Inherent ignorance » The basic idea behind SB169, sponsored by Sen. Stuart Reid, R-Ogden, is good one. It would create an education task force to identify primary goals for public education, a time frame and a plan for accomplishing them. Considering all the diverse pieces of legislation having something to do with education in the current legislative session, an overall vision is definitely needed. The problem with the idea — and it’s a big problem — is that the task force would be comprised of majority and minority leadership from both the House and Senate, chairpersons of the House and Senate education committees and higher education appropriations committees. Missing would be anyone from the education community, the very people who are trained and experienced in education and who know first-hand the needs of Utah schools and their students. Once again, it means micromanaging education by legislators who are driven more by ideology, and too often arrogance, than knowledge.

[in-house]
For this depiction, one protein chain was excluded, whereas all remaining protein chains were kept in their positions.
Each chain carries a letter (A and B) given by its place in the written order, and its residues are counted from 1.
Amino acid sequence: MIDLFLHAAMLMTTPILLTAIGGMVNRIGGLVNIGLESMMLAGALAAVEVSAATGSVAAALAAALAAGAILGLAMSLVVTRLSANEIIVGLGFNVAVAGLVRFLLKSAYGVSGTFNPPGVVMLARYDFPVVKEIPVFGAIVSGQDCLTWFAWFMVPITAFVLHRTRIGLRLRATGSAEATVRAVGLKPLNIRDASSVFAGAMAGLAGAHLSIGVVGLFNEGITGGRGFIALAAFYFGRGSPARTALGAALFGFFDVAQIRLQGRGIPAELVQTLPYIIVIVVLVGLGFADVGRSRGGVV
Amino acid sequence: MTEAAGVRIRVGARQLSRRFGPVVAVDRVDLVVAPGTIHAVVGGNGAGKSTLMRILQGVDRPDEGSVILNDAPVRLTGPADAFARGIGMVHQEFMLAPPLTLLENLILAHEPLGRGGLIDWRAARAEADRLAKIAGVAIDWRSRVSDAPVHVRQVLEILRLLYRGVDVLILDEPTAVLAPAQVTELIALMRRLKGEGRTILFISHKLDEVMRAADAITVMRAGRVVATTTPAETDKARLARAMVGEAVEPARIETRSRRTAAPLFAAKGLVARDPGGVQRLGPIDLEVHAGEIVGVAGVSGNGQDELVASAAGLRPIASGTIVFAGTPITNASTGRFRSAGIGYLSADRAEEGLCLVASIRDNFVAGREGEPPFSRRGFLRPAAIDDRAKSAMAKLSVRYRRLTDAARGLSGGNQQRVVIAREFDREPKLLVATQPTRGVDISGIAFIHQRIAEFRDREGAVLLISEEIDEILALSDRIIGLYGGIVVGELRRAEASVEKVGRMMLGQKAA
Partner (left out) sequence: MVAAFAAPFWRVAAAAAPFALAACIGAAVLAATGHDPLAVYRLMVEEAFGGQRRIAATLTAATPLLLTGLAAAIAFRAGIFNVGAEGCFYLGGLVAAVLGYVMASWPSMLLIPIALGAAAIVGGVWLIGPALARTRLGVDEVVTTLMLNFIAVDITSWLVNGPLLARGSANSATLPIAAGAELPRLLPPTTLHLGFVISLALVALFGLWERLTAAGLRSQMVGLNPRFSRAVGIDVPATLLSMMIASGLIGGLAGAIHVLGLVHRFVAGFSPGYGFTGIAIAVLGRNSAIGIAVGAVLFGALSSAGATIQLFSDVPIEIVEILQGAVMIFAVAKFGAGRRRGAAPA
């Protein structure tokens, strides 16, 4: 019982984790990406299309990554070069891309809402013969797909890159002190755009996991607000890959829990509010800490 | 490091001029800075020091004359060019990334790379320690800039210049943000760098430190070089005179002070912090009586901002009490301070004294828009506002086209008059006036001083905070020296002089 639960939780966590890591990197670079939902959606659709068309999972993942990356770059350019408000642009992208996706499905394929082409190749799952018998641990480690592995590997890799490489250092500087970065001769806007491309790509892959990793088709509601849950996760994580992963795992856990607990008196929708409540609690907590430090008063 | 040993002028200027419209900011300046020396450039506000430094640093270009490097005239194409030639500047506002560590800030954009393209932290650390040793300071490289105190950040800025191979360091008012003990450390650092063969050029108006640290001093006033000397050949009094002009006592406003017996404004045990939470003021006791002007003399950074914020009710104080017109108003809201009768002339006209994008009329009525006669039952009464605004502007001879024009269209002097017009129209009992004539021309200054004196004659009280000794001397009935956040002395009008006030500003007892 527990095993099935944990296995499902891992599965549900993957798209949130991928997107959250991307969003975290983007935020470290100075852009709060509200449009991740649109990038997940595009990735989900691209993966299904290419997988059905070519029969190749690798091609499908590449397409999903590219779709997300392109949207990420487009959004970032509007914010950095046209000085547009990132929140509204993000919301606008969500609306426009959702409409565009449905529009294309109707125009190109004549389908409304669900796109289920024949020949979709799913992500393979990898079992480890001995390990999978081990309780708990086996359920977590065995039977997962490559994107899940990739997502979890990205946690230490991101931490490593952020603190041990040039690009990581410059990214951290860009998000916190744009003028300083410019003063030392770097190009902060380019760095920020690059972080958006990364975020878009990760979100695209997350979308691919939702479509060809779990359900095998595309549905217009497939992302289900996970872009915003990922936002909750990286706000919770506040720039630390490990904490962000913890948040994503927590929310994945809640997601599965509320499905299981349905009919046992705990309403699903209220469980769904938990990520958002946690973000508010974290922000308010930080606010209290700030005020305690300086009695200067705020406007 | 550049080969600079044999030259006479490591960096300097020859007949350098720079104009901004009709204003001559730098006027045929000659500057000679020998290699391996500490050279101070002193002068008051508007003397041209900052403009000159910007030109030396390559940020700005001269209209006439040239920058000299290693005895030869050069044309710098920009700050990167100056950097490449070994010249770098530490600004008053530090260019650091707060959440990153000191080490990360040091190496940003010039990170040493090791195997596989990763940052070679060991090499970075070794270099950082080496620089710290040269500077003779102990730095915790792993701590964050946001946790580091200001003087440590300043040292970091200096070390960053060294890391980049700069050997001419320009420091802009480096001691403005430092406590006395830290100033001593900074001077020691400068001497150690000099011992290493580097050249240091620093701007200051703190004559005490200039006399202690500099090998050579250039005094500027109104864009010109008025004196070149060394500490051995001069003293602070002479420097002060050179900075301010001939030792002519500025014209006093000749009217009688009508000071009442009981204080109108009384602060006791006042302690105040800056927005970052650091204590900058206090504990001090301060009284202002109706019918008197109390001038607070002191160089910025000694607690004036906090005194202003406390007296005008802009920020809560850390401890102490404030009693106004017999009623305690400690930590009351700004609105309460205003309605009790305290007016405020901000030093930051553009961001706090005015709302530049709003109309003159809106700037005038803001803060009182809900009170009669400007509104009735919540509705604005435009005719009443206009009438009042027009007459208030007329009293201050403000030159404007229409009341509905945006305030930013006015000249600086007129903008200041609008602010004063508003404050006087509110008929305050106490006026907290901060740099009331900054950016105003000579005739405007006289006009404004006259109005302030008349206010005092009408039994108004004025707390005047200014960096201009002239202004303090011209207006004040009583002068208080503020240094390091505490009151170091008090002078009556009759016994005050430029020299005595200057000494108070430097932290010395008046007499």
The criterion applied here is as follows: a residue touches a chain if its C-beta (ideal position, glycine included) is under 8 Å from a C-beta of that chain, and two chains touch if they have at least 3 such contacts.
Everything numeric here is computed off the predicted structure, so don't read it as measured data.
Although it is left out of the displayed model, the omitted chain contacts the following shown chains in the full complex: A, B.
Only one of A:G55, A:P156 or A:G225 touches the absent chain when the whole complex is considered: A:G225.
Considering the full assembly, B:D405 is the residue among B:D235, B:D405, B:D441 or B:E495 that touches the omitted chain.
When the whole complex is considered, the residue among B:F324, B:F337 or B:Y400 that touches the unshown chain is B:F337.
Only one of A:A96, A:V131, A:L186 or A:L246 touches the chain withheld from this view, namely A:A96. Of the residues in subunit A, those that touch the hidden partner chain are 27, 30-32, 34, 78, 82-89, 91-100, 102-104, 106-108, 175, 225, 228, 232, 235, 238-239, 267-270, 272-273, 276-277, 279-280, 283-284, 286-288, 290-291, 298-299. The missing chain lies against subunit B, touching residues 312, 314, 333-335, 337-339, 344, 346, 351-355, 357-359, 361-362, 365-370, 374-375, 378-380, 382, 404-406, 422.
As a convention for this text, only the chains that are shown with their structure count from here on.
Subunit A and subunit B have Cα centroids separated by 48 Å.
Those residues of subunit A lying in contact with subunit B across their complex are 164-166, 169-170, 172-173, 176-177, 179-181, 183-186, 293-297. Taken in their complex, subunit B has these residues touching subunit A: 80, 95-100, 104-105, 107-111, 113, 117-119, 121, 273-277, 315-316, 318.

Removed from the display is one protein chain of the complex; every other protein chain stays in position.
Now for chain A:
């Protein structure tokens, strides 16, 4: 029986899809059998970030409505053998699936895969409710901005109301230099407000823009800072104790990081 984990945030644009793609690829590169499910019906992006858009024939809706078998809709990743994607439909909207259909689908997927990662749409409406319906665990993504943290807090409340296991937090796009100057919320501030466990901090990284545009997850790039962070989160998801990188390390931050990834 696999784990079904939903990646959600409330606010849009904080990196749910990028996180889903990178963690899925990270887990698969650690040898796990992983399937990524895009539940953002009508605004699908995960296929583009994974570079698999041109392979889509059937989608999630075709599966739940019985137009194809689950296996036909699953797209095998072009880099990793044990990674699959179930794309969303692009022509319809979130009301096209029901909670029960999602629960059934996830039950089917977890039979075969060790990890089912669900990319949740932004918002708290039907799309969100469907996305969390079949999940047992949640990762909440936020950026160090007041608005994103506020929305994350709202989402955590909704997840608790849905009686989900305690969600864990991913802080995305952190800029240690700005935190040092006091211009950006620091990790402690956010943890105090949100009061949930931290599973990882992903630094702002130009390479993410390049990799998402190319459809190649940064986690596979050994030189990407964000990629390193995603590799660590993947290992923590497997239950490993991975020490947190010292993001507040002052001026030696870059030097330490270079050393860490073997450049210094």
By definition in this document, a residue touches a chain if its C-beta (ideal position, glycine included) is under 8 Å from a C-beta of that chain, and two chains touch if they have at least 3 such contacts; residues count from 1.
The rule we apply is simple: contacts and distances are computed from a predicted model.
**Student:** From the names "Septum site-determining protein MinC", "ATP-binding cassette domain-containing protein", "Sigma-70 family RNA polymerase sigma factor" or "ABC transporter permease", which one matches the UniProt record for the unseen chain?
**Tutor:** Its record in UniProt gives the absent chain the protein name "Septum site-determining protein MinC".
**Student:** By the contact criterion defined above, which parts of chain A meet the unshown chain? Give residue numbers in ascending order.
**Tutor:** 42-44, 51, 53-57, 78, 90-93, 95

It’s a tax increase » Republican legislators perennially refuse to raise taxes to increase funding for public education, even though polls show many Utahns would agree to pay higher taxes specifically for schools. But SB81 is a way to raise taxes without putting any legislator’s anti-tax credentials in jeopardy. The bill would take money from school districts where voters have already approved property tax increases for their schools and give it to others with smaller tax bases. And it would allow districts to raise property taxes to make up the loss. It’s a sneaky tax increase on small groups of Utahns when what’s needed is straightforward income tax reform to require large families to pay their fair share.
http://goo.gl/QTVh3

‘Inherited’ poverty
Deseret News editorial

When it comes to fighting chronic homelessness, Utah is developing an impressive track record. The Utah homes for the homeless initiative and the Road Home shelter have managed to combine an impressive array of local agencies and resources to make a serious dent in the problem and become a model for the nation.